Details the thirty-four-year reign of Russia's Catherine the Great by looking at the controversies over the interpretation of her policies, and by examining the problems that she faced
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De Madariaga (Univ. of London) has published extensively in the scholarly literature on Catherine II and her reign (1762-96). In this book she summarizes her scholarship for general readers, focusing not on biography, but on Catherine as working Empress, deeply involved in the work of her Legislative Commission (1767), in reform of local administration, in foreign policy, and in the intellectual traditions of the Enlightenment. Writing with great admiration for Catherine's accomplishments and minimizing, perhaps, the harsh conditions outside of court circles, the author carefully points out areas where other historians disagree with her and gaps in existing scholarship (especially Soviet scholarship). Libraries that want a recent scholarly treatment will prefer John T. Alexander's Catherine the Great (Oxford, 1989), but this is a fine summary of the period for others.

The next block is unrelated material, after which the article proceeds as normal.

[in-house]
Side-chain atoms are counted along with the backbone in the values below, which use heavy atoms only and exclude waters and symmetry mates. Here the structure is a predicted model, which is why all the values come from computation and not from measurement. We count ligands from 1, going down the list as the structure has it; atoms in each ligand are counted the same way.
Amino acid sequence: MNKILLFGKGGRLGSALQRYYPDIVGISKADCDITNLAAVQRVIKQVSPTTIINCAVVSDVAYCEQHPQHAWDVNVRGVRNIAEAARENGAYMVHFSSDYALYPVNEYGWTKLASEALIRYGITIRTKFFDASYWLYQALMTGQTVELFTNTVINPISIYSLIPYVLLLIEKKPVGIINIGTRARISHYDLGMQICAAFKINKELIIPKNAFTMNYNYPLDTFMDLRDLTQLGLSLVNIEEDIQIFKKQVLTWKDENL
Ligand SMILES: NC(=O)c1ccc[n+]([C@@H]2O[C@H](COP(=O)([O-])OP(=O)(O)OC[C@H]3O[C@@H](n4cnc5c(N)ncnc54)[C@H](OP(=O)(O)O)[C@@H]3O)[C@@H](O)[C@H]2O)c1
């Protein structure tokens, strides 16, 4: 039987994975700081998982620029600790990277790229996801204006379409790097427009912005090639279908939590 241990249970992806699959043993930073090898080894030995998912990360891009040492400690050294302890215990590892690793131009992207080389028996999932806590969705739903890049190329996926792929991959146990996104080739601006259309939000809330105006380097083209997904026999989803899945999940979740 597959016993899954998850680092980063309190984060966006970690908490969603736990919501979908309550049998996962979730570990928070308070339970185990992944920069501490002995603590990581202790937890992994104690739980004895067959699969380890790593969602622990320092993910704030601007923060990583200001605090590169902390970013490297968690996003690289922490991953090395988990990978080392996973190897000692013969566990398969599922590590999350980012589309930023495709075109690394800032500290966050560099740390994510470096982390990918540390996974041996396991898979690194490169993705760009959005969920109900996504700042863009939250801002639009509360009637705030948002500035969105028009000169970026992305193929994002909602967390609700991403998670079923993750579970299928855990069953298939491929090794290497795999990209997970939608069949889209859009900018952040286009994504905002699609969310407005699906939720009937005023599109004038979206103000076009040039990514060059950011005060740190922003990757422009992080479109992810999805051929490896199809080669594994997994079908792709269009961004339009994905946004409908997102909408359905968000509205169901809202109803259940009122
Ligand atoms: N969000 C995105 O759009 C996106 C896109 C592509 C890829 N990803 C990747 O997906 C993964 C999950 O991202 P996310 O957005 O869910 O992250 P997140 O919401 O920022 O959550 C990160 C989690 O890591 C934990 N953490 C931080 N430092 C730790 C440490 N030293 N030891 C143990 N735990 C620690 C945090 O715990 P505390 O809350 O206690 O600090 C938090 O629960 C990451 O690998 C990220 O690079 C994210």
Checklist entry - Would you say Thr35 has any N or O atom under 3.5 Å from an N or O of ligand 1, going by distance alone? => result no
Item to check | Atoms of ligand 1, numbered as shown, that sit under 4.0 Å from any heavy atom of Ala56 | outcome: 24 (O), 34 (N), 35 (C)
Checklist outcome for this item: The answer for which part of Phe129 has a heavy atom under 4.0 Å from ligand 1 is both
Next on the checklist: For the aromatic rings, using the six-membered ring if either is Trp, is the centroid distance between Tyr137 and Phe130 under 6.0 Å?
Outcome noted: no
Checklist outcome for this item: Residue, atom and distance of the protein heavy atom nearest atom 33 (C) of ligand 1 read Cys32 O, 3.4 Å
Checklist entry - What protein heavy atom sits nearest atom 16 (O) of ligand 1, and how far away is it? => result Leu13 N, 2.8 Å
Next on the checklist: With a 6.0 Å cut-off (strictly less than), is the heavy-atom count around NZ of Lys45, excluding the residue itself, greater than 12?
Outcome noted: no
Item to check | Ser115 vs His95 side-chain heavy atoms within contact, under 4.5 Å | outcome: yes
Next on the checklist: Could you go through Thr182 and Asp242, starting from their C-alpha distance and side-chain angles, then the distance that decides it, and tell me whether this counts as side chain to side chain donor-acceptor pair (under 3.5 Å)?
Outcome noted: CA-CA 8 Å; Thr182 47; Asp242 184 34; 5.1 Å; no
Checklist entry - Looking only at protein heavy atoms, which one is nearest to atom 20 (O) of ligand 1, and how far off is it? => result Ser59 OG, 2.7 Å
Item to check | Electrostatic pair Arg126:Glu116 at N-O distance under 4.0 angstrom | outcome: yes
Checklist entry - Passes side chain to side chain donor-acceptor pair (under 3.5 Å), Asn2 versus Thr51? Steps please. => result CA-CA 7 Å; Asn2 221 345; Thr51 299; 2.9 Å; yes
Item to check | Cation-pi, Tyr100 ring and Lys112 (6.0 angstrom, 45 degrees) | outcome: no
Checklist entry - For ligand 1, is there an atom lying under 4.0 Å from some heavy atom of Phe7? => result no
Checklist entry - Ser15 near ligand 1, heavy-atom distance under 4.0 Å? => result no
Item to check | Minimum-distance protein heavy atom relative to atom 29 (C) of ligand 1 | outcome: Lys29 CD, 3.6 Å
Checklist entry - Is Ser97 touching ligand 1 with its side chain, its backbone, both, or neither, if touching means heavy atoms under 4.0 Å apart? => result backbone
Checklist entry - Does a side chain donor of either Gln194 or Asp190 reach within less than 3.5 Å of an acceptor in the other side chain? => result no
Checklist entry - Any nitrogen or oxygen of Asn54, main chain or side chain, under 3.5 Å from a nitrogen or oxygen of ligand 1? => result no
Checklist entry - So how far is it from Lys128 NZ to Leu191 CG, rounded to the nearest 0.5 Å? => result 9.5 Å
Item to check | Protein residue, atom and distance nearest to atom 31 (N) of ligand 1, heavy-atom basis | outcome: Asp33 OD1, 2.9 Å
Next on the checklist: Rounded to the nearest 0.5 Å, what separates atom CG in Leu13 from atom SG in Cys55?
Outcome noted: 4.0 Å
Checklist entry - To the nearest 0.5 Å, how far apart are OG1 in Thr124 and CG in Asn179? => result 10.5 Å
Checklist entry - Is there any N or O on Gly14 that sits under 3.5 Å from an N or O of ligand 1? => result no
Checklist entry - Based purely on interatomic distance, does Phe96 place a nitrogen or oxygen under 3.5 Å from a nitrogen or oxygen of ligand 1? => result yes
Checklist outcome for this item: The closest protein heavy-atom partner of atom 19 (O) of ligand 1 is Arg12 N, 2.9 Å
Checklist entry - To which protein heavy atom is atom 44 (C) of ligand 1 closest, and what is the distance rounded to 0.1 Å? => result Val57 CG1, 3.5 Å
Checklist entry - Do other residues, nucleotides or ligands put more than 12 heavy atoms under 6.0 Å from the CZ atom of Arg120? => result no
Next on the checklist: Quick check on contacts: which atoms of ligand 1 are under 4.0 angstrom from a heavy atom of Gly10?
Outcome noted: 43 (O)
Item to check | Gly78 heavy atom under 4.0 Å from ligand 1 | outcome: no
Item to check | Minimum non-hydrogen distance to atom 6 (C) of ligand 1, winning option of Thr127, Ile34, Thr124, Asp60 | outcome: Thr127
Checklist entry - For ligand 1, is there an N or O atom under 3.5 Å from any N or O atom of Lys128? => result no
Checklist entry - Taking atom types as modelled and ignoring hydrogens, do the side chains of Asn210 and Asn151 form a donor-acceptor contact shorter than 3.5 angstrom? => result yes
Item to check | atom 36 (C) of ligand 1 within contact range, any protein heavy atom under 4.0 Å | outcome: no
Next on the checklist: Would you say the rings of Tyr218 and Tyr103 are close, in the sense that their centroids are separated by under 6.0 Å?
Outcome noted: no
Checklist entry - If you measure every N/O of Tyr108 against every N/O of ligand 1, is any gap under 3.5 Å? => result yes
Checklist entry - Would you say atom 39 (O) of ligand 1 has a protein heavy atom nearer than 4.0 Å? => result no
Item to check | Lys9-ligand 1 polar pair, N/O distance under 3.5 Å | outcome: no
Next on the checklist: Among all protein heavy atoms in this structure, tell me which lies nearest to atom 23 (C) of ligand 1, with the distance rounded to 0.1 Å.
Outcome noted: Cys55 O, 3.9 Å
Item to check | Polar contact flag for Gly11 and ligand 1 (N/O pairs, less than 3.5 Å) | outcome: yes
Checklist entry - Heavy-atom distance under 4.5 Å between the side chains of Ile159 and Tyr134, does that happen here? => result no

- Marcia L. Sprules, Council on Foreign Relations Lib., New York
Copyright 1990 Reed Business Information, Inc.
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